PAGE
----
The paper argues that relatively simple and inexpensive changes to how family visits are designed should be considered by prison governors and government, and that the value and importance of design in shaping the new prison estate should not be ignored.
Redesigning the prison visit could benefit inmates, their families and reduce re-offending according to a paper published today by the RSA. Evidence shows prisoners who maintain strong family relationships while inside are less likely to re-offend when they leave.
The suggestions emerged from this year's RSA's Design Directions award competition in which students worked with prison staff, family support organisations and prisoners’ families to develop new ideas for prison visits.
Social Animals: tomorrow’s designers in today’s world includes a number of powerful suggestions on how prisons might dramatically improve the visitor experience.
- Children and Partners. Around 165,000 children across the UK have imprisoned parents and they often find visiting time traumatic and difficult: many student designers focused on how the conversations that took place within prison could be made easier, more intimate and less upsetting. One solution was a journal, to be filled in by prisoners and their child, each taking turns between visits to document what they’re up to. This would allow parents inside to play a more constant role in their child’s life. Imprisonment curtails parents’ means of expressing their love for their children: another suggestion was a service whereby the offender parent is able to recreate part of the normal parenting role using a service designed to allow the giving of a gift to their child.
- Improving the prison visit environment. Some of our most profound and charged interactions take place within the four walls of public institutions: for families with relatives inside, this includes prisons. One designer proposed a system of visiting ‘pods’ that offered enhanced privacy without compromising on security, and enabling families to interact in a more comfortable and ‘home-like’ environment.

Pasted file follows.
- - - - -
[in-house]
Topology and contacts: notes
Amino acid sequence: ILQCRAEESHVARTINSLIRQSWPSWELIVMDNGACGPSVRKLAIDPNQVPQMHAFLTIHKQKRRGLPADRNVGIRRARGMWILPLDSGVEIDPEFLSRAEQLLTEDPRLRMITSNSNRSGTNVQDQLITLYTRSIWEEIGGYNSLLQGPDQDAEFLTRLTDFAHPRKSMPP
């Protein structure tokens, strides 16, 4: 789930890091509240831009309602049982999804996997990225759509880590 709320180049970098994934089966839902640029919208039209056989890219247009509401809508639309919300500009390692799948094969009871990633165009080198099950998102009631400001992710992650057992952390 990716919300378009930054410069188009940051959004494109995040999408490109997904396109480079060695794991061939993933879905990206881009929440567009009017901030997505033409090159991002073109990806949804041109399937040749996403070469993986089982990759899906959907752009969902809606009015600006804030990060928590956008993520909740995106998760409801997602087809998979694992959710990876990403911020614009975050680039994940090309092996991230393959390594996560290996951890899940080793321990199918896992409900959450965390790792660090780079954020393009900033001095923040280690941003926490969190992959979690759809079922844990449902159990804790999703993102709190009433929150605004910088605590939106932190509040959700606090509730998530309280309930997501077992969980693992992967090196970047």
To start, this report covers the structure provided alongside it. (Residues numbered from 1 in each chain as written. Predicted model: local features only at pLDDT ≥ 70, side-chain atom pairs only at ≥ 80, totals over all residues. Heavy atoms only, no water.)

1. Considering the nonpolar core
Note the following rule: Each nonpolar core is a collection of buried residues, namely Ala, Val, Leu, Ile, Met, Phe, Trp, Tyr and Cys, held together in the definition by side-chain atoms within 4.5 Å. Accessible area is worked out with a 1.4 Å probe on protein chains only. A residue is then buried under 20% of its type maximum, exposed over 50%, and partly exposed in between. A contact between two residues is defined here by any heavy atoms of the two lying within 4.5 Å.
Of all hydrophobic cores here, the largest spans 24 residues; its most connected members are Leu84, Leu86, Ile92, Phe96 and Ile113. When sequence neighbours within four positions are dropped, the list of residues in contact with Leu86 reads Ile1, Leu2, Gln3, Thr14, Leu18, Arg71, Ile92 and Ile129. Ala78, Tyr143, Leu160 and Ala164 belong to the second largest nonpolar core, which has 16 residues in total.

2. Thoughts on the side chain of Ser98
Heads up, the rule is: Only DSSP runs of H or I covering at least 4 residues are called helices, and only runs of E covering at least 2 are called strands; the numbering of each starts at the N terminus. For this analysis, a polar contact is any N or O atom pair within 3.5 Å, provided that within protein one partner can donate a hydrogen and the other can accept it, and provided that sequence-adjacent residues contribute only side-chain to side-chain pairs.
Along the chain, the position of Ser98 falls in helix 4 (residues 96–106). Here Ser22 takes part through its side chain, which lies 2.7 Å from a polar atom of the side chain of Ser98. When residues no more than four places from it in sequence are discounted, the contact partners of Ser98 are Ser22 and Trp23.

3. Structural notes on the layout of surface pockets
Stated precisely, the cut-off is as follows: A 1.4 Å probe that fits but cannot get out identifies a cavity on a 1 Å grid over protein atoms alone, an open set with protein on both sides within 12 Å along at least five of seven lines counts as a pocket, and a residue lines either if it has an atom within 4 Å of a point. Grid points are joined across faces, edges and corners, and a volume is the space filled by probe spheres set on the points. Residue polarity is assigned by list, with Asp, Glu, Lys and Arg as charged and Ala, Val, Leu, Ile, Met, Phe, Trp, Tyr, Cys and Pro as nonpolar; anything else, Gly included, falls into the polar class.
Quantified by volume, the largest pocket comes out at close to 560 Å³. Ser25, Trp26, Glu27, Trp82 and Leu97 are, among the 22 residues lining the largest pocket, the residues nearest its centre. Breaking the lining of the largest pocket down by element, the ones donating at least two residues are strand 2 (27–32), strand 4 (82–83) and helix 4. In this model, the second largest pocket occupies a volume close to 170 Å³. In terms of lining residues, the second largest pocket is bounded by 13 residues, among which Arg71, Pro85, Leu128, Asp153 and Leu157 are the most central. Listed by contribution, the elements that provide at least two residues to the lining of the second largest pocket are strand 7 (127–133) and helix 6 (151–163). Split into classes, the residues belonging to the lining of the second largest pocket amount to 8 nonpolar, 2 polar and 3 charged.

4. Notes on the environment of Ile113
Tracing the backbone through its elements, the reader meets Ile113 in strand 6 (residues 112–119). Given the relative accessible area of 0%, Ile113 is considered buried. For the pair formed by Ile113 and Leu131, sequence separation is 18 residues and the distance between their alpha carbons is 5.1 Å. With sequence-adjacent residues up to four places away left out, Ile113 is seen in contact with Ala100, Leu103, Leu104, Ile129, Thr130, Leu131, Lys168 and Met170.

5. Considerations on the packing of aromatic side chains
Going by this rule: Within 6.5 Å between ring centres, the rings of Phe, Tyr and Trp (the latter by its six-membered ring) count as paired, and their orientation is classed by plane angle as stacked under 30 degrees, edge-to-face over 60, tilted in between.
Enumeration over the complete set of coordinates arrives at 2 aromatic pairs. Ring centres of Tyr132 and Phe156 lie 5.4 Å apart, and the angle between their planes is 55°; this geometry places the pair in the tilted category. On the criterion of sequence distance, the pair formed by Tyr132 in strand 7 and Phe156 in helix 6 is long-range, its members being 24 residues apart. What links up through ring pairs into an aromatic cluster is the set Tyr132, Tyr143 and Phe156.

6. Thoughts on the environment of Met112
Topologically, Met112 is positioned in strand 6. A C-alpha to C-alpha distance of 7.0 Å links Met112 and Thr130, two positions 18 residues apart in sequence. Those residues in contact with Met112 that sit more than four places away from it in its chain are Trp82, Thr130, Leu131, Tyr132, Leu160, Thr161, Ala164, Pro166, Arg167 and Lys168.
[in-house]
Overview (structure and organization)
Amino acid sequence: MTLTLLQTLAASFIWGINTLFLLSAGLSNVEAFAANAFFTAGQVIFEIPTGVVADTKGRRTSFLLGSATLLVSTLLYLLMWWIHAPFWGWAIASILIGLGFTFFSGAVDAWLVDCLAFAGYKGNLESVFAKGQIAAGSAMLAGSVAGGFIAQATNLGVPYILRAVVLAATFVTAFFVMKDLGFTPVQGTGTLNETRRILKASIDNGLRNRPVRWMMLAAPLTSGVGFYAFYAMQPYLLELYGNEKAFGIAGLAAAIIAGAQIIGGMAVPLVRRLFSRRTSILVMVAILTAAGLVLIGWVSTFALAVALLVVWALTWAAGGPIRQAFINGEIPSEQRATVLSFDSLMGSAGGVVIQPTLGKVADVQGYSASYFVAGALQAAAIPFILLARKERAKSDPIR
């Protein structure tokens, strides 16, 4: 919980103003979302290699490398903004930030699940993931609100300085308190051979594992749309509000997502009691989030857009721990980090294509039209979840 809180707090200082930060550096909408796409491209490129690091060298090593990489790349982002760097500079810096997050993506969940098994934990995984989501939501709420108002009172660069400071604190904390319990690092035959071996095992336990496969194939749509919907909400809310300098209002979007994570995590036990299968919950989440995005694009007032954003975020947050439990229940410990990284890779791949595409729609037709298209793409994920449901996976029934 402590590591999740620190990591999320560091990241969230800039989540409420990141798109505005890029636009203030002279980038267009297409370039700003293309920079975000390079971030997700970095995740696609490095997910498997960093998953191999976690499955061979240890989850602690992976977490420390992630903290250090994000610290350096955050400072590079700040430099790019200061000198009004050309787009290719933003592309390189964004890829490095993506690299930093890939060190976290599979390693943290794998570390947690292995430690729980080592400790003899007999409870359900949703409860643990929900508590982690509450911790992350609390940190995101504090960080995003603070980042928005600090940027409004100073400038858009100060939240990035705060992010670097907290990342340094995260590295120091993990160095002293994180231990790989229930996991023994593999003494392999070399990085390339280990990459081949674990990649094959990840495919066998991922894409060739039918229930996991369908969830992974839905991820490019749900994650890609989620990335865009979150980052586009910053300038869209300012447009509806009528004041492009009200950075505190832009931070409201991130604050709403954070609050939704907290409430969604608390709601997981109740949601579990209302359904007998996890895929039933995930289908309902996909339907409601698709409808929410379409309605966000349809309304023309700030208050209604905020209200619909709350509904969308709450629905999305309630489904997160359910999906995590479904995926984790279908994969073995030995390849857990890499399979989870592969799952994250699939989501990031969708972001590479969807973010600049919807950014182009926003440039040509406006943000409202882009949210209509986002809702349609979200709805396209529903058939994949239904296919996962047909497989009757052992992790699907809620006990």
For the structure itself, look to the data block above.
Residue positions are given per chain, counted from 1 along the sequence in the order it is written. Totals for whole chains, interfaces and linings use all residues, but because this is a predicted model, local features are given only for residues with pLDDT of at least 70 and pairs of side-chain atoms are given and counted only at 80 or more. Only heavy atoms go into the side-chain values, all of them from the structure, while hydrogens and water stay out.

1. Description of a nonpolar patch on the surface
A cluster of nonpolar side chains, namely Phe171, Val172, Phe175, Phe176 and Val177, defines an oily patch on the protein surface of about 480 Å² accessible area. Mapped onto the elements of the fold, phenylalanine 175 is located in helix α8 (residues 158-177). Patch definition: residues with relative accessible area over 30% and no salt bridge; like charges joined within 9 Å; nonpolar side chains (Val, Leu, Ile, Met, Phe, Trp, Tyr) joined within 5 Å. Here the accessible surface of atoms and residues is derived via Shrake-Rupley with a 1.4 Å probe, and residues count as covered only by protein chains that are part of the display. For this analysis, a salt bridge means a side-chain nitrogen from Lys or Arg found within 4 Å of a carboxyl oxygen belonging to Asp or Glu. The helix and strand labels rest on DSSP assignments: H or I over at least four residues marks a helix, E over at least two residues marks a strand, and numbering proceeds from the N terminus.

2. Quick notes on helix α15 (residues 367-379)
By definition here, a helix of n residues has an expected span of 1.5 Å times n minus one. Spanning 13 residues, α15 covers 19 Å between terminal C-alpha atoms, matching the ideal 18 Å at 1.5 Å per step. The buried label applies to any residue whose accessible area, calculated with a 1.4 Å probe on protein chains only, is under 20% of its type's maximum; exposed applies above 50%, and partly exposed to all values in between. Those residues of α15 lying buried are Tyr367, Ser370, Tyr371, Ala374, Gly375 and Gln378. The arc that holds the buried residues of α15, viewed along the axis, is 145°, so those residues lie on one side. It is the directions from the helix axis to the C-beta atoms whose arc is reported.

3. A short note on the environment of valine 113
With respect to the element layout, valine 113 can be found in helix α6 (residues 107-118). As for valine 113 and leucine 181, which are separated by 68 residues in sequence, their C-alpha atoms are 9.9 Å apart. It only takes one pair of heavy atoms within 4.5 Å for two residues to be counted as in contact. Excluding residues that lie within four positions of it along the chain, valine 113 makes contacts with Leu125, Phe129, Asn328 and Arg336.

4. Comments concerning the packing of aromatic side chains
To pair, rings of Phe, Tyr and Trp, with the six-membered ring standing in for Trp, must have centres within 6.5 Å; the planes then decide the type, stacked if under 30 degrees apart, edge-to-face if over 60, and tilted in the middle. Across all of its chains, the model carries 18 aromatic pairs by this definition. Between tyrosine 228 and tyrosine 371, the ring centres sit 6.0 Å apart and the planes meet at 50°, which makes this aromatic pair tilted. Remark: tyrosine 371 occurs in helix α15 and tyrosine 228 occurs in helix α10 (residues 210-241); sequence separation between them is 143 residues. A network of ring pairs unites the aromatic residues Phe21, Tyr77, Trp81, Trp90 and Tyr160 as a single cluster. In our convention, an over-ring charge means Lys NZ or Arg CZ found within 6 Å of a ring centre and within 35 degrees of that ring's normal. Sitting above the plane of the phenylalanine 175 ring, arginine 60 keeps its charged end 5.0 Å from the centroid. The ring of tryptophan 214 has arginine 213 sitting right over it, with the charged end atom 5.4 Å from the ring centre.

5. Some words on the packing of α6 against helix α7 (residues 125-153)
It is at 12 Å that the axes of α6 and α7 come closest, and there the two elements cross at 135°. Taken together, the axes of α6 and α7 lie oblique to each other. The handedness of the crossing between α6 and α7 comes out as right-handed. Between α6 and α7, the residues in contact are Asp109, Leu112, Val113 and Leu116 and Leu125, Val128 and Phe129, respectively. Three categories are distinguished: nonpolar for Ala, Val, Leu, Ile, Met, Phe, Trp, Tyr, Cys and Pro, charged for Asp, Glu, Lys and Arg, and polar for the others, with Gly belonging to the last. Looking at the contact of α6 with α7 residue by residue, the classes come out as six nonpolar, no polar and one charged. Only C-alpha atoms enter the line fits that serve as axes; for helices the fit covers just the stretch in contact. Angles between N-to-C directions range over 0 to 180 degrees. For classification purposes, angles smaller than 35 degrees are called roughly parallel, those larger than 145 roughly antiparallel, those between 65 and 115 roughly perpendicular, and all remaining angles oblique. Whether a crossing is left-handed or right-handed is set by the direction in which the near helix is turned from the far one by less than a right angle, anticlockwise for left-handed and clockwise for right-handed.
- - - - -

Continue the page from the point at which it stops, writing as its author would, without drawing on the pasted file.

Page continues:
- Minimising stress. Family journeys leading up to a visit can be stressful and can reduce the chances of a positive visit. One student considered the many touchpoints that make up the process of reaching the visits hall: from interactions with staff, to the use of signage, to information provision, to the use of colour and decoration. By aligning all these touchpoints, and seeking to make each of them less impersonal and more human, her idea set out to ensure that families arrived at the visit calm and relaxed.
- Virtual Visits. One entry called for virtual visits via a secure internet connection. As well as the emotional benefits of being able to stay in touch more informally, the virtual visit eliminates the risk of things being ‘passed’. This would increase the chances of staying in touch where prisoners are - as is often the case - held long distances from home.
- Gardening. Another proposal was to use prison gardens to enable prisoners and families to grow produce, learn to cook and then eat together. This would require changes in the layout, culture and routines of prison life but would have help strengthen relationships between prisoners and their families.
The RSA’s paper highlights a wider debate about the value of design and use of design skills in designing public services. It concludes that design educators risk failing to equip students to work in public services if it remains solely focused on product and industrial design.
RSA Head of Design, Emily Campbell said:
"Recently announced plans for new prisons holding 1,500 offenders each to be built in the next decade provide government with a real opportunity to ‘build in’ recognition of the importance of design in modelling and prototyping facilities. There is an on-going debate about the role designers could have in improving health and education services. Here is an opportunity to bring those skills to the prison environment, which provides us all with an essential public service."
Philip Emery, Head of Learning and Skills at Kalyx said:
"Kalyx is delighted to have supported this RSA project. With major plans announced for expansion and modernisation of the prison estate, those with responsibility for commissioning in this area have the dual challenge of delivering environments that are safe and secure, and that actively address re-offending rates. In this context, positive visiting experiences are crucial and so it has been fascinating to see the range of opportunities that the involvement of young designers identified for prison visit improvement."
Read the report: Social Animals: tomorrow’s designers in today's world
Andrew Mawson and Sam Everington are the winners of the 2022 RSA Albert Medal. They have been awarded the medal in recognition of their innovative work to improve the way local healthcare services support patients.